Involvement in link-up play
This next section will take a look at Højlund’s developing ability to be involved in link-up play, and dialogue with his midfielders as a result. As his heat map from his time with Sturm Graz so far has shown, Højlund likes to drop into deeper positions in midfield, being involved in the link play as well as attempting to hold-up the ball to allow runners to move beyond him. So far in his time in Austria, Højlund is attempting roughly 16 passes per 90 minutes, with a success rate of 70.2%.
The image above shows a good example of Højlund’s involvement when it comes to link-up play. In this phase of play against Hartberg, Højlund drops into midfield, finding the space between the opposition lines. His movement into this deeper position also facilitates the run of the midfielder, who moves into the space he left. The ball is played to Højlund, who is able to take a touch before passing it into the space that the centre-back moves into.
The phase of play above from Sturm Graz’s match against FC Salzburg demonstrates another example of Højlund’s tendency to drop into deeper positions to assist during build-up. With Salzburg’s tendency to press high when out of possession, Højlund drops into the defensive third of the pitch to assist his teammate in possession. The ball is played to Højlund, who is then able to play a one-two with his teammate, passing first time into the space. He accomplishes this even with the pressure from the Salzburg midfielder from behind him; and as a result, is able to help break through the Salzburg press.
The image above shows another example of this tendency to drop into deeper positions for Højlund. Here, he notices the pocket of space between the opposition lines and drops into it. The ball is played to Højlund, who is then able to play a first time backheel pass into the path of the runner who runs beyond him from deep. After the back heel pass, Højlund is able to quickly get back into an advanced attacking position, becoming an option on the edge of the box.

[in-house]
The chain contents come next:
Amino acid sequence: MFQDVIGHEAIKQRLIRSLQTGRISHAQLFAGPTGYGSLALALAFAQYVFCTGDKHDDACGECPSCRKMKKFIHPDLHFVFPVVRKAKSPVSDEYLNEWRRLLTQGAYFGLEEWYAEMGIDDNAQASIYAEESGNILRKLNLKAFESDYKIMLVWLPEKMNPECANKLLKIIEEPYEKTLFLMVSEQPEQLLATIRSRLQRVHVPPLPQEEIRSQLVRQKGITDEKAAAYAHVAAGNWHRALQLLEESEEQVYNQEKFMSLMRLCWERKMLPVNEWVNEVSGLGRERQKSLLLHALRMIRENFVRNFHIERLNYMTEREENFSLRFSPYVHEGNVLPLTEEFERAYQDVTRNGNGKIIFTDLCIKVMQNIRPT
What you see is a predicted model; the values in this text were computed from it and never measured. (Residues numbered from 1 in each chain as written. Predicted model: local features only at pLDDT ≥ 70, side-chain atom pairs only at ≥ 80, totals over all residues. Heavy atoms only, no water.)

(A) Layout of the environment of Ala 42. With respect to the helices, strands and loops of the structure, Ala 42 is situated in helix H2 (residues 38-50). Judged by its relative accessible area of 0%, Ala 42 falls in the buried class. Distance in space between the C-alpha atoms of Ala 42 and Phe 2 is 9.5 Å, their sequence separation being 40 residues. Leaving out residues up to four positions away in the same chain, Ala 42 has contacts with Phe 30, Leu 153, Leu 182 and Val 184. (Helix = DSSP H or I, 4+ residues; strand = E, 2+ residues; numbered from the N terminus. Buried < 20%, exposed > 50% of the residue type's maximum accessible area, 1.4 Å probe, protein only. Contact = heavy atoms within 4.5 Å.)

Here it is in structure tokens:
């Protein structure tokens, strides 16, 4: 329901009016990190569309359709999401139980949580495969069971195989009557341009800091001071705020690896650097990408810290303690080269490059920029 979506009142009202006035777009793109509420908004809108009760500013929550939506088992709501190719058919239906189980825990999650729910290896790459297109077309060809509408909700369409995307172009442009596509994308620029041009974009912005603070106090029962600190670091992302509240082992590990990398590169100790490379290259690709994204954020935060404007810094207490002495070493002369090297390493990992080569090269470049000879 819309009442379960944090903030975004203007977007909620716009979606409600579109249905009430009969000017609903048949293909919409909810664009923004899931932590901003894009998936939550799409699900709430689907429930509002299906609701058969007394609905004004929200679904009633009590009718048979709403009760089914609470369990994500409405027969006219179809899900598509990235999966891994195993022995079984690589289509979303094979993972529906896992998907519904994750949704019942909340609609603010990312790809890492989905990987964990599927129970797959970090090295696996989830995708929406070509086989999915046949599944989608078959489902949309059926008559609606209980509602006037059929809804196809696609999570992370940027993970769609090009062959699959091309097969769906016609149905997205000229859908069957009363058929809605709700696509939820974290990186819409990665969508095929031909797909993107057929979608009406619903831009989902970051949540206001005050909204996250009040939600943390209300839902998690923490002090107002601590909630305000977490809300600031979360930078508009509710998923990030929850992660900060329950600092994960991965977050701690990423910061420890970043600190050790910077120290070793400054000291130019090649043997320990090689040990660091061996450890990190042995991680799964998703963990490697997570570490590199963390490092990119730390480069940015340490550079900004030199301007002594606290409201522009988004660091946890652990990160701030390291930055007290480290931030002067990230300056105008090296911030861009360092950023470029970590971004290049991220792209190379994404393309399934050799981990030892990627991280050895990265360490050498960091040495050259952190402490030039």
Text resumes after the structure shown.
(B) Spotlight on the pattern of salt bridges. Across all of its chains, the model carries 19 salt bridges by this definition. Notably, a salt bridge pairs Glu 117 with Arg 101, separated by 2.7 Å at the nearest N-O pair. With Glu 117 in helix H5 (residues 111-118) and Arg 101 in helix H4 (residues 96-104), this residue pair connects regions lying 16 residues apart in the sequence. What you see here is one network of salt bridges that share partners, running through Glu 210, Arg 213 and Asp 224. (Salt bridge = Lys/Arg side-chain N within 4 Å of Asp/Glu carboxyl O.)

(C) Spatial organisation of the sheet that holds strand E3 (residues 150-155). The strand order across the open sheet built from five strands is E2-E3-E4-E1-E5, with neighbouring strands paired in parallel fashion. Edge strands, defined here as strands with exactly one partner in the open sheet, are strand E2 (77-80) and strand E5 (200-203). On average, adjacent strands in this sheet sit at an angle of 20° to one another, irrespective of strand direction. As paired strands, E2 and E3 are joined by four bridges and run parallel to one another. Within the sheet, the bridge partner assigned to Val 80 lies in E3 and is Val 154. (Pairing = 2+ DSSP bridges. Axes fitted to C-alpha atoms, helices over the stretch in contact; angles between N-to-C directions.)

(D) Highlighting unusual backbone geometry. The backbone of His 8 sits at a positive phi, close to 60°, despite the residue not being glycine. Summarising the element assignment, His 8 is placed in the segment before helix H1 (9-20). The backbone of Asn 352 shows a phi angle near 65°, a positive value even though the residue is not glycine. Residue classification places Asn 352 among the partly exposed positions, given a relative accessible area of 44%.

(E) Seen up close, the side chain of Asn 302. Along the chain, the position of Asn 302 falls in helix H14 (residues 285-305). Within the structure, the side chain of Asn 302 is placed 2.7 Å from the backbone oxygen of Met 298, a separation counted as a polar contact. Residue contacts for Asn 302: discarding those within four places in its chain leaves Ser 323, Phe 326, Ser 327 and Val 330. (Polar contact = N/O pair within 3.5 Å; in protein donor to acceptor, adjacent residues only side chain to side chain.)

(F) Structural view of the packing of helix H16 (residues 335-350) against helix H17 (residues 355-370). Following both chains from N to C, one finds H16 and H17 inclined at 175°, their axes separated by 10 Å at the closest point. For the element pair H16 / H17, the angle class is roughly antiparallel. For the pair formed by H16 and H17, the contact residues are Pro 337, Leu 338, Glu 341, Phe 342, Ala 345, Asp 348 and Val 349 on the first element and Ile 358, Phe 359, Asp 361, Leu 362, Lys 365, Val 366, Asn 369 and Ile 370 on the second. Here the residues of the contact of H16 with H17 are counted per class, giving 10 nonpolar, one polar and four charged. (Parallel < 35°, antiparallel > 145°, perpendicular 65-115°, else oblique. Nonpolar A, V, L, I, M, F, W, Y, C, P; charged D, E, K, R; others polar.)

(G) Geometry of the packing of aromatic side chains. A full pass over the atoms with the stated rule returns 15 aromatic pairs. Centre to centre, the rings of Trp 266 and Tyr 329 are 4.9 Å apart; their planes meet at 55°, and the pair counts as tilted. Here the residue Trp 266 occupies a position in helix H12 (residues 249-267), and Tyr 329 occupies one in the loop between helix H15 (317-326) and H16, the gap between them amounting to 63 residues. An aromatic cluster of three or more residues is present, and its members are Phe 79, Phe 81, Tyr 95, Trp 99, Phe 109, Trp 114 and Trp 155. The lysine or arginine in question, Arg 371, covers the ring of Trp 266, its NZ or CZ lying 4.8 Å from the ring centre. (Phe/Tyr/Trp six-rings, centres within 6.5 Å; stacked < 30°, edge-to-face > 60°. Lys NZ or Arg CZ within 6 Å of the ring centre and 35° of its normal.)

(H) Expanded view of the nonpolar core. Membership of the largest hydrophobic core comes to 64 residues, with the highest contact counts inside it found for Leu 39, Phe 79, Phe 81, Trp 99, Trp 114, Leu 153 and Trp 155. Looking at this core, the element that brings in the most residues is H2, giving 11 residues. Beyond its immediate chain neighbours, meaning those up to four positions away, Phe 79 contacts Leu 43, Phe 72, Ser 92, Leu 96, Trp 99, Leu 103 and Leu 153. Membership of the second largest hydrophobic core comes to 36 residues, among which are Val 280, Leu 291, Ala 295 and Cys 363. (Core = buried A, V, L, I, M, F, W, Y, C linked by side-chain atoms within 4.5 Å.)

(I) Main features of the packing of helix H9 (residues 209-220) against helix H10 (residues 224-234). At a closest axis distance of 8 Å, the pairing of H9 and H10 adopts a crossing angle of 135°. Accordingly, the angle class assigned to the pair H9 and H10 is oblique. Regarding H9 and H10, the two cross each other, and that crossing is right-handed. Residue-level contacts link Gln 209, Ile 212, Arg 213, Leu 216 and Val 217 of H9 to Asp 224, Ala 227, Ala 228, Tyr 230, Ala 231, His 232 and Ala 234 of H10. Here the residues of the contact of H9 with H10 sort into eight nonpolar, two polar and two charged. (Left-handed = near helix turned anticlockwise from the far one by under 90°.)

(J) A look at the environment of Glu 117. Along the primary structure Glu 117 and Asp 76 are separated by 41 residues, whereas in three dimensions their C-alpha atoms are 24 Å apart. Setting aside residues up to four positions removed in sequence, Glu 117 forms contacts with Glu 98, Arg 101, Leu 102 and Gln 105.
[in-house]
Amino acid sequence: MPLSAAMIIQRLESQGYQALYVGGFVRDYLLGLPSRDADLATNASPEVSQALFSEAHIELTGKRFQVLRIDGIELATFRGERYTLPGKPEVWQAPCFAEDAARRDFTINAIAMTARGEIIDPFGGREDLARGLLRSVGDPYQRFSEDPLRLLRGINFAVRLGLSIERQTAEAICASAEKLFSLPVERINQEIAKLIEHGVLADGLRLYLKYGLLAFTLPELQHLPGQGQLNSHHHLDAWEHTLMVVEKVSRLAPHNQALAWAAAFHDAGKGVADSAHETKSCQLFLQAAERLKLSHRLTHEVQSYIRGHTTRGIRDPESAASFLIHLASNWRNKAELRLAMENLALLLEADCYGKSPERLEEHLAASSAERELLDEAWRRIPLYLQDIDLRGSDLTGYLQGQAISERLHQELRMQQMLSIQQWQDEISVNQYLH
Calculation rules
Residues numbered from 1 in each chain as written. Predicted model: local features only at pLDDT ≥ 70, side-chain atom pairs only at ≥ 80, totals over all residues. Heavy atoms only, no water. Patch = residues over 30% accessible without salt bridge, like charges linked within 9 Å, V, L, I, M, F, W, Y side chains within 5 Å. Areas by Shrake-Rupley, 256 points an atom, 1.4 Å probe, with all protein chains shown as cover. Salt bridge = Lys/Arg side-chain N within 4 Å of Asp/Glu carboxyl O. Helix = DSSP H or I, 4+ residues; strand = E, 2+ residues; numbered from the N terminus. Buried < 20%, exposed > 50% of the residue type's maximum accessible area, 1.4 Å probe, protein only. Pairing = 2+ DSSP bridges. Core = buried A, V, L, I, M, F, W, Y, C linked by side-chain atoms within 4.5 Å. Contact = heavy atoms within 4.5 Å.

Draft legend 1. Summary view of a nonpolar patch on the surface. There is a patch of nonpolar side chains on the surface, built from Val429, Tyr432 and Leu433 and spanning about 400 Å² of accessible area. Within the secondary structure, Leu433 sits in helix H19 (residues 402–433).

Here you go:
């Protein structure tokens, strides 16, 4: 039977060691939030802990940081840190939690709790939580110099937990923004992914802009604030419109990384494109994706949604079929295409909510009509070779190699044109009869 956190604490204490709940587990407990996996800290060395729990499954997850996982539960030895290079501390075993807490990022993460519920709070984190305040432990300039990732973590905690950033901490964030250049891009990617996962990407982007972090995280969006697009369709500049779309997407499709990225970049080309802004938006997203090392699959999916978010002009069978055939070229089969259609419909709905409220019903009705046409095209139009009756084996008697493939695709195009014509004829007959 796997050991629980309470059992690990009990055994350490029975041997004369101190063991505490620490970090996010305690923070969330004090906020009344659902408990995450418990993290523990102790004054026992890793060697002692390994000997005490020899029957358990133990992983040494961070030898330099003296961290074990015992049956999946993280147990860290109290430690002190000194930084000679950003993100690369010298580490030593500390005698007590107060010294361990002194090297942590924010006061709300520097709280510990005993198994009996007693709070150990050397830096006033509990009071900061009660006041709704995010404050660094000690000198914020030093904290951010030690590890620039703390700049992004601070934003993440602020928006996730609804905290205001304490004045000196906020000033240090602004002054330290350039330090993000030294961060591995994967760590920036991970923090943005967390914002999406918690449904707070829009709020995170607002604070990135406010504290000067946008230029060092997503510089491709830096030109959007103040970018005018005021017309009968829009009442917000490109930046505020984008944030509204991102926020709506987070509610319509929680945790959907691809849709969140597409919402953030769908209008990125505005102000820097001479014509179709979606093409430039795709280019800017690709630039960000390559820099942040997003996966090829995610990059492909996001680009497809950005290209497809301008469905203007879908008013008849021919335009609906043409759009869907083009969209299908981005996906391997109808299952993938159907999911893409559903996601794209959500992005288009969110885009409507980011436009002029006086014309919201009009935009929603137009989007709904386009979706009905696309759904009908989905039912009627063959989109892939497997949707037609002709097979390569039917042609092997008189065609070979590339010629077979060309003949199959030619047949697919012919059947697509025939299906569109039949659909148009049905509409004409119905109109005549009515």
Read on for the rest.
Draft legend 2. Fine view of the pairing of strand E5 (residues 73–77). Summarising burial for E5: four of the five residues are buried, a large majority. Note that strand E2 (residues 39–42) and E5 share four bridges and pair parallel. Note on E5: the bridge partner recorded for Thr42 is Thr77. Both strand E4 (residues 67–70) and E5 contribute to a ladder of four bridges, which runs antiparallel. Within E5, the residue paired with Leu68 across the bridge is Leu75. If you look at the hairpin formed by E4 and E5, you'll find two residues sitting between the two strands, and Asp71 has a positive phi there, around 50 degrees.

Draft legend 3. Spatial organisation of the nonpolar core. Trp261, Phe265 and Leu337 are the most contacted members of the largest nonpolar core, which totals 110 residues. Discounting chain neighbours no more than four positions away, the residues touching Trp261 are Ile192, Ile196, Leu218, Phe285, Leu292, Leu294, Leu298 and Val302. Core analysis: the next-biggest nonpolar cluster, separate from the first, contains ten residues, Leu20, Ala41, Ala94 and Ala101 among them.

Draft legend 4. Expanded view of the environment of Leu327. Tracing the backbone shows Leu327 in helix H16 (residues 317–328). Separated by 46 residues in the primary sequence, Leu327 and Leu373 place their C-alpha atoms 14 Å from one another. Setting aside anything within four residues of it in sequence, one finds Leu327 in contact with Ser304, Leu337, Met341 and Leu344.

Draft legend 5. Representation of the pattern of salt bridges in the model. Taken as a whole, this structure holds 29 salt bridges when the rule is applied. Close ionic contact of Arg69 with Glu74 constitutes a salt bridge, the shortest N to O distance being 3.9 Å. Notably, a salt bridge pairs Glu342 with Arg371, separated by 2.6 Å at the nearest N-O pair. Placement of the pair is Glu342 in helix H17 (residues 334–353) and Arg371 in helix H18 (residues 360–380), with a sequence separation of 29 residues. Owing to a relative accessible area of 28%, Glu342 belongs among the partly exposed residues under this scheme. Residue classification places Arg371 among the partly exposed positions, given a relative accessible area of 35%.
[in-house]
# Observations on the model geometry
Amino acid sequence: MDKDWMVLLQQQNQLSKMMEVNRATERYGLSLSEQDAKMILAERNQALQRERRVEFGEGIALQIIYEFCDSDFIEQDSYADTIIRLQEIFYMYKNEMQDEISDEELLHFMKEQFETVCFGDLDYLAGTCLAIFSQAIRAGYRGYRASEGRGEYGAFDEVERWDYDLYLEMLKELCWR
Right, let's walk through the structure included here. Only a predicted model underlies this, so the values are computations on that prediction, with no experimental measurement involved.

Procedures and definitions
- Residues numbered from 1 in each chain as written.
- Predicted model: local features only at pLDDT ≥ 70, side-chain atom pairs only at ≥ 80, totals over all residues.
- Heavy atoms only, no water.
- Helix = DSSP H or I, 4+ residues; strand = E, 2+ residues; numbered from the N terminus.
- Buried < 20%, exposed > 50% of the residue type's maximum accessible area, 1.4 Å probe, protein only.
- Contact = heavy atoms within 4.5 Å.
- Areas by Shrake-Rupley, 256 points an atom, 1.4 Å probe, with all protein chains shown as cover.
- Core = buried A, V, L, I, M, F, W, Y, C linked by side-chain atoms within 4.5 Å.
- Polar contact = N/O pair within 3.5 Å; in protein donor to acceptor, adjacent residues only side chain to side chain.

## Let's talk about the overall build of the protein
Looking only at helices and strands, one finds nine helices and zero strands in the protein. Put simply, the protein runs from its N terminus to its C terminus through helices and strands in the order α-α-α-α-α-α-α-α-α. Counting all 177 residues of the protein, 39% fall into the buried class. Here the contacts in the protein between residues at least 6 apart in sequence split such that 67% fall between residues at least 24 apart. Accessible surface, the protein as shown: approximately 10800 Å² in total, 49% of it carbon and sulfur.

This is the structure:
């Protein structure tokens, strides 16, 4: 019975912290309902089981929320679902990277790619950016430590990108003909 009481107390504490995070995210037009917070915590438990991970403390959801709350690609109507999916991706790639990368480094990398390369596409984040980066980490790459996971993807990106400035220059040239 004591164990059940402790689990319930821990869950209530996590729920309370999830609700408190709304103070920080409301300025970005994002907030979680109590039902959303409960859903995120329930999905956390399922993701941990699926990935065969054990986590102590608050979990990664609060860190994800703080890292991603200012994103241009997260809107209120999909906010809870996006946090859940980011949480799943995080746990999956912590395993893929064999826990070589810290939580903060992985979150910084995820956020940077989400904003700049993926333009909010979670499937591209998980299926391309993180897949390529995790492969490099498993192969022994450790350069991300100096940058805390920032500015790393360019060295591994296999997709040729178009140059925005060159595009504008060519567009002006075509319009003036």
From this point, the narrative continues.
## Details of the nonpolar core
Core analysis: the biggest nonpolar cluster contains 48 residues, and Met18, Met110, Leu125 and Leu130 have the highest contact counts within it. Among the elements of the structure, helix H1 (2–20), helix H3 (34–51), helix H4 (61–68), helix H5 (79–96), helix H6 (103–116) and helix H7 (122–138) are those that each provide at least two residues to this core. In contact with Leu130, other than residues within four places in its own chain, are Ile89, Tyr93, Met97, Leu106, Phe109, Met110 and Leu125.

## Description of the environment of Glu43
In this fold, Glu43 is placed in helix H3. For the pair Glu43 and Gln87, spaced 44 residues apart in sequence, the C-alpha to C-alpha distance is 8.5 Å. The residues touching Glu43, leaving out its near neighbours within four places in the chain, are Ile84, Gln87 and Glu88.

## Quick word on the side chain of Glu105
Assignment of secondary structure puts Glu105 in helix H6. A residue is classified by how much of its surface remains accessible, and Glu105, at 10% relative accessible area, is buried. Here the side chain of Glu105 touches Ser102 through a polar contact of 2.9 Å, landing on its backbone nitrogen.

Though not the strongest side of his game, Højlund’s tendency to drop into the pockets of space between the lines during build-up phases has allowed Sturm Graz to break opposition presses more; as well as be able to use Højlund’s ability to hold up the ball to allow runners to get beyond him into more advanced positions.
Another strong attribute that Rasmus Højlund possesses is his presence aerially. Standing at 6’2”, Højlund is normally the favourite going into aerial duels against opposition defenders. With that being said, he could slightly improve his success rate. Since moving to Sturm Graz at the end of January, Højlund is averaging 8.9 aerial duels per 90, with a success rate of 40%. Though not a low number, it would still be nice to see this number improve to even just slightly over 50%, which would help Højlund become even more prominent of a threat aerially on a consistent basis.
The image above from Sturm Graz’s match against Austria Wien shows what Højlund is capable of aerially when at his best. The ball is played long by the goalkeeper from a free-kick, looking for Højlund. He is able to outjump the defender, winning the ball and flicking it into the space behind the backline. Unfortunately, his teammate does not make a run into the space in behind, allowing the goalkeeper to calmly collect the flick-on.
This image once again shows the type of presence Højlund is capable of being aerially. The ball is played long from the goalkeeper towards where Højlund is positioned. He is easily able to outjump both Rapid Wien players, and even though the second ball falls to a Rapid player because of the lack of options for Højlund to attempt to head to, it still demonstrates the ease at which Rasmus Højlund can win aerial duels when he is at his best in this department.
Once again, the image above shows how Højlund is able to position himself against the defender in goal kick situations. He is able to get in front of the defender and block him off, allowing him the momentum to get up and win the header. Højlund is able to flick the header on, but it falls to the Rapid defender. However, Højlund is able to use his work rate to close the defender down, winning the ball back for Sturm Graz in the process.
This final section was able to take a little look at the aerial presence that Rasmus Højlund provides for Sturm Graz; with him usually being the main target when Sturm Graz look to play the ball long off of goal kicks or clearances. While his aerial ability could slightly improve, he still is able to use it to his advantage in most situations.
At only 19 years of age, Rasmus Højlund is without a doubt still developing as a centre-forward. While he did not get the most opportunities during his time with FC København, at Sturm Graz he has become one of their key contributors in the second half of the season, as this tactics and analysis piece has shown. Though he has not been in Austria for a full season yet, it would not be surprising if bigger clubs of the ilk of Ajax or Borussia Dortmund start having a close look at Højlund’s development. If Højlund is able to keep this form going, it would also not be a surprise if a senior Danish national team call-up comes in the near future. What is certain is that with a full season at Sturm Graz, Rasmus Højlund will continue to develop into a more complete centre-forward.